Fox Broadcasting Co. v. Dish Network L.L.C.

The U.S. Court of Appeals for the Ninth Circuit affirmed a district court’s denial of a request for a preliminary injunction sought by a broadcaster in a copyright infringement and breach of contract lawsuit against Dish Network over its ad-skipping (Hopper) product. Fox Broadcasting Co. v. Dish Network L.L.C., Case No. 12-57048 (9th Cir. July 24, 2013) (Thomas, J.). The Ninth Circuit agreed with the district court that the broadcaster/plaintiff, Fox, was not likely to succeed with its copyright infringement claims, and that while there was a likelihood of success in one breach of contract claim, the harm was not irreparable.

In January 2012, Dish began marketing to its customers a set-top digital recording device, “the Hopper,” which provided DVR and video-on-demand capabilities. Dish also offered a feature called “PrimeTime Anytime” (PTAT) which, when enabled by a subscriber, recorded on the Hopper all primetime programming on any of the four major broadcast networks, including Fox. Dish determined the start and end times for PTAT, and the programs were stored locally on the Hopper. In May 2012, Dish began offering “Auto-Hop,” a feature that allowed subscribers to automatically skip over commercials in the recorded PTAT programming.

Fox sued Dish for direct and derivative copyright infringement, as well as for breach of contract. The 9th Circuit held that the district court did not abuse its discretion in holding that Fox was unlikely to succeed on its direct infringement claim. Although Dish controls the start and end times of the primetime block, decides how long the copies are available on the Hopper, and blocks a user from stopping a recording once started, the user must enable the feature. The 9th Circuit affirmed the district court’s reasoning that the user, and not Dish, is “the most significant and important cause” of copying Fox’s content through the PTAT feature.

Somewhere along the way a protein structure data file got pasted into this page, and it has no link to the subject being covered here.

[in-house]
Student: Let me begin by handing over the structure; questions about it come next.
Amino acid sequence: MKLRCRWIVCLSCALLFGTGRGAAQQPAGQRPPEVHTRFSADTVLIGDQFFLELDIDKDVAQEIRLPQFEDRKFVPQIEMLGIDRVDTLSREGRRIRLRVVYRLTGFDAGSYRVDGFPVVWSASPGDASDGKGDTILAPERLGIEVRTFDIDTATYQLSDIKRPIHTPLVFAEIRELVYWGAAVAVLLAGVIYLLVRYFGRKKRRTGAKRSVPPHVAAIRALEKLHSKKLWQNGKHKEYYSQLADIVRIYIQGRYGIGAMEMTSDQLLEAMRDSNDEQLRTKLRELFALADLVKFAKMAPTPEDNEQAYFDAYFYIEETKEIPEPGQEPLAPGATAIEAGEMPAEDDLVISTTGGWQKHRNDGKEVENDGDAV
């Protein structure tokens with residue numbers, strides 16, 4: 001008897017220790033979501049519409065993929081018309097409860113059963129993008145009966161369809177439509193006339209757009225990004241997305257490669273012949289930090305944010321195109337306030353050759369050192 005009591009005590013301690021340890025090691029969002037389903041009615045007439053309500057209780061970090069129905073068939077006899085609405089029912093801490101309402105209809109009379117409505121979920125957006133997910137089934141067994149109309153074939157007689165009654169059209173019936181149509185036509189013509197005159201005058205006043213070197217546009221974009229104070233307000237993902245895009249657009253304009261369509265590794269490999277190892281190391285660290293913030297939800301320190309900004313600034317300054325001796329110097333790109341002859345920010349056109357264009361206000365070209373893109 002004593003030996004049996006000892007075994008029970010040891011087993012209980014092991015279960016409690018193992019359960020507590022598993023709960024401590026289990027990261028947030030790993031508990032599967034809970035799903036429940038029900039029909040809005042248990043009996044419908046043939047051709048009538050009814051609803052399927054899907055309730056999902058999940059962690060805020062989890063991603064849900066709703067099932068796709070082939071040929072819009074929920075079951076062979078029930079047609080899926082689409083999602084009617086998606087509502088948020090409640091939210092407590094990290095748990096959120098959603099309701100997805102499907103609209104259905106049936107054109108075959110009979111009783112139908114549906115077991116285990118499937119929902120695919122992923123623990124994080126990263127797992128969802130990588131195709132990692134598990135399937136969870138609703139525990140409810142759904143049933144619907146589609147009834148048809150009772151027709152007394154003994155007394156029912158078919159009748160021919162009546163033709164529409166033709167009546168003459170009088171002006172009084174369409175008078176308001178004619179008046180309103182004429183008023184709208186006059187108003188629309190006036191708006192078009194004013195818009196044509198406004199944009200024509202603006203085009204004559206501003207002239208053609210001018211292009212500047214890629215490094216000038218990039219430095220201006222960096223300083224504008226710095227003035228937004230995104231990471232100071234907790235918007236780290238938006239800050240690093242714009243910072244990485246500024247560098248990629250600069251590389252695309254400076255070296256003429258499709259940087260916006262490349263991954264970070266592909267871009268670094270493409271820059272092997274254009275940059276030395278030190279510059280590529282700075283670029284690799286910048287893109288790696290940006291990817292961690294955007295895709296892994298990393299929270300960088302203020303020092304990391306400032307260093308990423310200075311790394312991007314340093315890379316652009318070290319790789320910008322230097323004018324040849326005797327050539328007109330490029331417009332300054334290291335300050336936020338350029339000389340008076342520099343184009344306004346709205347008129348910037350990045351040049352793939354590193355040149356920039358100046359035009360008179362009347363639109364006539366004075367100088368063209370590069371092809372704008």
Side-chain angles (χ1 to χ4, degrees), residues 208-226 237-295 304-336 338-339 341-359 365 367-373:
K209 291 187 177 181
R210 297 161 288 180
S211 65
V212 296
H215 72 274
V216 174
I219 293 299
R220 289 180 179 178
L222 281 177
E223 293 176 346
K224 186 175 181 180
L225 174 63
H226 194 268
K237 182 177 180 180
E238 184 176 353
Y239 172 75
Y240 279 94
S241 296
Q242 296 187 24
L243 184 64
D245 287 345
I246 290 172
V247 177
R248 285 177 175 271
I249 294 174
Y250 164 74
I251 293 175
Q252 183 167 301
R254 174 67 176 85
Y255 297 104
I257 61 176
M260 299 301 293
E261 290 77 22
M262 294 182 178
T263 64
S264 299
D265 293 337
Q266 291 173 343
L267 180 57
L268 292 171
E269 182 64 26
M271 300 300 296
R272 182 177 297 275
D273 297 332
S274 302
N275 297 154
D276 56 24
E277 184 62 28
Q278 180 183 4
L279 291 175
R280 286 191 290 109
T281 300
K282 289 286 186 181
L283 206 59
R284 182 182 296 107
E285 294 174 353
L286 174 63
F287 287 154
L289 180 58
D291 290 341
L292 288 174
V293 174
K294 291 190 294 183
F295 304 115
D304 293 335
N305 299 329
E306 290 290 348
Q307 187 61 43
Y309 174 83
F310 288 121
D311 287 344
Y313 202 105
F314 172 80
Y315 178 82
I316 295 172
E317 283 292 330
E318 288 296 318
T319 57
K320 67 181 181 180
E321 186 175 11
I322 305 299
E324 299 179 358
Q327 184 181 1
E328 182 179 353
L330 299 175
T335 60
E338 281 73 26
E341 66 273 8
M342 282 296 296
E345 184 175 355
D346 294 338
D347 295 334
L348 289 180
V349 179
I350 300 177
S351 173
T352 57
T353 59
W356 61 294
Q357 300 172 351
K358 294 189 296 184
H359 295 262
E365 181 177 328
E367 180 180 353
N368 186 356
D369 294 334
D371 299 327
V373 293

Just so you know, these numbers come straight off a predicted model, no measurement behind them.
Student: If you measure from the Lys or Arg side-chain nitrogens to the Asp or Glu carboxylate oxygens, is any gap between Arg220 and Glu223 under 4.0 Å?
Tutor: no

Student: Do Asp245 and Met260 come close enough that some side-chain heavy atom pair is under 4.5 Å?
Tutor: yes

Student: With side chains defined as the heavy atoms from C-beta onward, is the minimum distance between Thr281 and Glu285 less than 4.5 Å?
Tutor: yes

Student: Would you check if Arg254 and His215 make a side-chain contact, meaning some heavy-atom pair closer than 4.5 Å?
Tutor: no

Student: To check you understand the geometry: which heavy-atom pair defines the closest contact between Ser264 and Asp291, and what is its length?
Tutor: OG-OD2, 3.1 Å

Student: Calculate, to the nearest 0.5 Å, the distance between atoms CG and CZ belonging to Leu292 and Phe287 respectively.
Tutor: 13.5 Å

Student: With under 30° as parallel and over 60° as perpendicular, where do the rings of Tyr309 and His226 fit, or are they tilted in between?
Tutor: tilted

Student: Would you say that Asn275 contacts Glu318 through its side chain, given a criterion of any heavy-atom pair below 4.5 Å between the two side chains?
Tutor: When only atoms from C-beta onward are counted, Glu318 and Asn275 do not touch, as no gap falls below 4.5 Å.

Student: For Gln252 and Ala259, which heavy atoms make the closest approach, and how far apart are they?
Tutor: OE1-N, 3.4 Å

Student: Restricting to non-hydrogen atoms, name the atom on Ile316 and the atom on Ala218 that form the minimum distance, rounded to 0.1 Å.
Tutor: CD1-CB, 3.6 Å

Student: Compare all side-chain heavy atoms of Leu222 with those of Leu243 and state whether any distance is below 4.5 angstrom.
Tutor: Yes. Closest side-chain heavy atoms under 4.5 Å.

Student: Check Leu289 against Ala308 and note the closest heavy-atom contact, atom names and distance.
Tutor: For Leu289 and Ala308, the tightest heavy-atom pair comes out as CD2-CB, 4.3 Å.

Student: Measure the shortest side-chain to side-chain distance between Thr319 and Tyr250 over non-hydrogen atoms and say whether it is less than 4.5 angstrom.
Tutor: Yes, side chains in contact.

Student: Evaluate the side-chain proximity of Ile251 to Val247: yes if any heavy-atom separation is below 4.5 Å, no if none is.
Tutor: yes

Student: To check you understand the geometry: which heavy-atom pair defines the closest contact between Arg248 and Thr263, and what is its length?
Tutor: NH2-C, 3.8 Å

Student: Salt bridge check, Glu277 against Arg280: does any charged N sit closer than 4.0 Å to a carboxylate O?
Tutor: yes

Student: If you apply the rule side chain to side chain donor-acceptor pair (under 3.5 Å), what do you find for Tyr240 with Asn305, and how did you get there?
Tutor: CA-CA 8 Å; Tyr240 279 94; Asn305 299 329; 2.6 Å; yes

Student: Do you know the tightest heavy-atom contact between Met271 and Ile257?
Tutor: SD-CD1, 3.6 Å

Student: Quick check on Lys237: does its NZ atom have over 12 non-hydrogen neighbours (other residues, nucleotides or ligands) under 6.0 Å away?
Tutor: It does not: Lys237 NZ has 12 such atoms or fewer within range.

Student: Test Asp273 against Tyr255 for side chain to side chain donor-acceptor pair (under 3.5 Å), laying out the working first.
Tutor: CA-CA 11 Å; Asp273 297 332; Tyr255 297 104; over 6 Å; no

With regard to derivative infringement, the 9th Circuit held that Fox was unlikely to succeed in establishing the necessary predicate claim of direct infringement against the PTAT users. Following the Supreme Court’s seminal decision in Sony Corp. of America v. Universal City Studios, Inc., the 9th Circuit found that subscribers used the Hopper for time-shifting purposes, a fair use, and therefore were not liable for direct infringement. Further, the circuit court held that Auto-Hop does not implicate Fox’s copyright interests, because Fox owns copyrights to the programs, not the skipped advertisements. Accordingly, the 9th Circuit agreed with the district court that Fox was unlikely to prove derivative infringement against Dish.

Under a deferential standard of review, the 9th Circuit also held that the district court had not erred in denying an injunction based upon the breach of contract claims. While Fox was likely to succeed on at least one of the claims, the harm was not irreparable, and therefore did not warrant preliminary injunction relief.

Practice Note: Fox has petitioned the 9th Circuit for rehearing and en banc review.